Over the past four years, a controversy has erupted over whether to routinely give girls the new vaccine against the human papillomavirus (HPV), a sexually transmitted virus that can cause genital warts and cervical cancer. Now we can have the debate all over again--but this time, with boys. An advisory panel of the Food and Drug Administration has recommended that the vaccine be made available for boys as well. While boys are obviously not at risk for cervical cancer, HPV can give them genital warts and, in very rare cases, can lead to anal or penile cancer. The pharmaceutical giant Merck makes the first HPV vaccine available in the United States, Gardasil, which is considered most effective when given to young people who aren't yet sexually active and therefore haven't yet encountered the virus. But analyst Tim Anderson says that the regime of three shots over six months may deter some customers.
“You are asking a healthy teen to come to the doctor three times in six months,” Mr. Anderson said.... “Pretty much no healthy teen would ever do that, let alone to come back and get a shot” [The New York Times].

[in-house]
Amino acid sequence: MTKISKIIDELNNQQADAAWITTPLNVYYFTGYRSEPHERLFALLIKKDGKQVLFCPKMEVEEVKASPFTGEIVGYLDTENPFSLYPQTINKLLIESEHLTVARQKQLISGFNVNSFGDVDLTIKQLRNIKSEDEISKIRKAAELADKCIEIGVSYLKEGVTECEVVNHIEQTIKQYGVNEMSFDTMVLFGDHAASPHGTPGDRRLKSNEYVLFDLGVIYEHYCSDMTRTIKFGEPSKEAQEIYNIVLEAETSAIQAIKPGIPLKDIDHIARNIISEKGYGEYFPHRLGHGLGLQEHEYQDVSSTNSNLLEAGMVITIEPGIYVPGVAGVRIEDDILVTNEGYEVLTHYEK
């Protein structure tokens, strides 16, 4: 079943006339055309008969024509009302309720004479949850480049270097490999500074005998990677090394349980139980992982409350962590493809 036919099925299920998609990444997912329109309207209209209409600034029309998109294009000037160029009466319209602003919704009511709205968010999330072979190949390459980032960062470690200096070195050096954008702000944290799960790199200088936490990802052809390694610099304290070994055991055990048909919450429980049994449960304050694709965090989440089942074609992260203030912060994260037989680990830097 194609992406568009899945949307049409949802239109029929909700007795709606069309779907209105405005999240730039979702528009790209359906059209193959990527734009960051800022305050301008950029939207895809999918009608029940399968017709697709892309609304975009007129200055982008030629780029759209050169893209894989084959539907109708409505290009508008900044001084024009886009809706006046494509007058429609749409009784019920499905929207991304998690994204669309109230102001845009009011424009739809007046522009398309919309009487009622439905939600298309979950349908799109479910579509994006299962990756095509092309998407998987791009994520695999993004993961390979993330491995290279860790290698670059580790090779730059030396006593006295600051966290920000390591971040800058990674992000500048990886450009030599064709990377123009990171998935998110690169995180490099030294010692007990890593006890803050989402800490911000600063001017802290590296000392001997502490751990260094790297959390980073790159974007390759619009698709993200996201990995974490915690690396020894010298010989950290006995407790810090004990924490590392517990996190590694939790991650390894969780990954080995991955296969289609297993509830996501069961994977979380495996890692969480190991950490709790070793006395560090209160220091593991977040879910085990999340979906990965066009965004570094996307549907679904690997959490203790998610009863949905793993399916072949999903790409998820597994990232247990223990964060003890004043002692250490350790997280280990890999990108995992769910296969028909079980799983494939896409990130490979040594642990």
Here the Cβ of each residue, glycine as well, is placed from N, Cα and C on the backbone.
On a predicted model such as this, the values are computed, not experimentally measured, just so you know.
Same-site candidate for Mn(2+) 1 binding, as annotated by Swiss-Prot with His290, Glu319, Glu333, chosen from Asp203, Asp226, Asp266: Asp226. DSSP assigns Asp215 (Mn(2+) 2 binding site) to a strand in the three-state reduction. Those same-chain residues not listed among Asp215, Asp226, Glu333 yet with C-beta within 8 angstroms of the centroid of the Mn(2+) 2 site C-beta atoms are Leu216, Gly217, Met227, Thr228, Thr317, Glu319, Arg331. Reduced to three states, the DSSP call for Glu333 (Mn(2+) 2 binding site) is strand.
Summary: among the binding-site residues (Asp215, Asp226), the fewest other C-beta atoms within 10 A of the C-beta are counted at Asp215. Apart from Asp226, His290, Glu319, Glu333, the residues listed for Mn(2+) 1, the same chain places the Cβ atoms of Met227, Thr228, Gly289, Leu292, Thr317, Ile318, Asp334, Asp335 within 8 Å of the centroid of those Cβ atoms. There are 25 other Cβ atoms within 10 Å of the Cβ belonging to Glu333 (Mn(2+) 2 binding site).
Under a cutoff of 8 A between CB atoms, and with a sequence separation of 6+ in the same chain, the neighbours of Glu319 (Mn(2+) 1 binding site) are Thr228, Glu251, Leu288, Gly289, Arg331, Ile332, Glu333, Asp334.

It may be a particularly hard sell because most cases of genital warts clear up naturally, and because anal and penile cancers are so rare--each year they're diagnosed in about 2,100 and 1,300 American men respectively. Related Content:DISCOVER: How We Got the Controversial HPV Vaccine DISCOVER: The Battle Over the Cervical Cancer Vaccine Heats Up 80beats: Male Circumcision Cuts Risk of HIV, Herpes, and HPV Transmission 80beats: Nobel Prize for Medicine Awarded to Virus Hunters
Image: flickr / lu_lu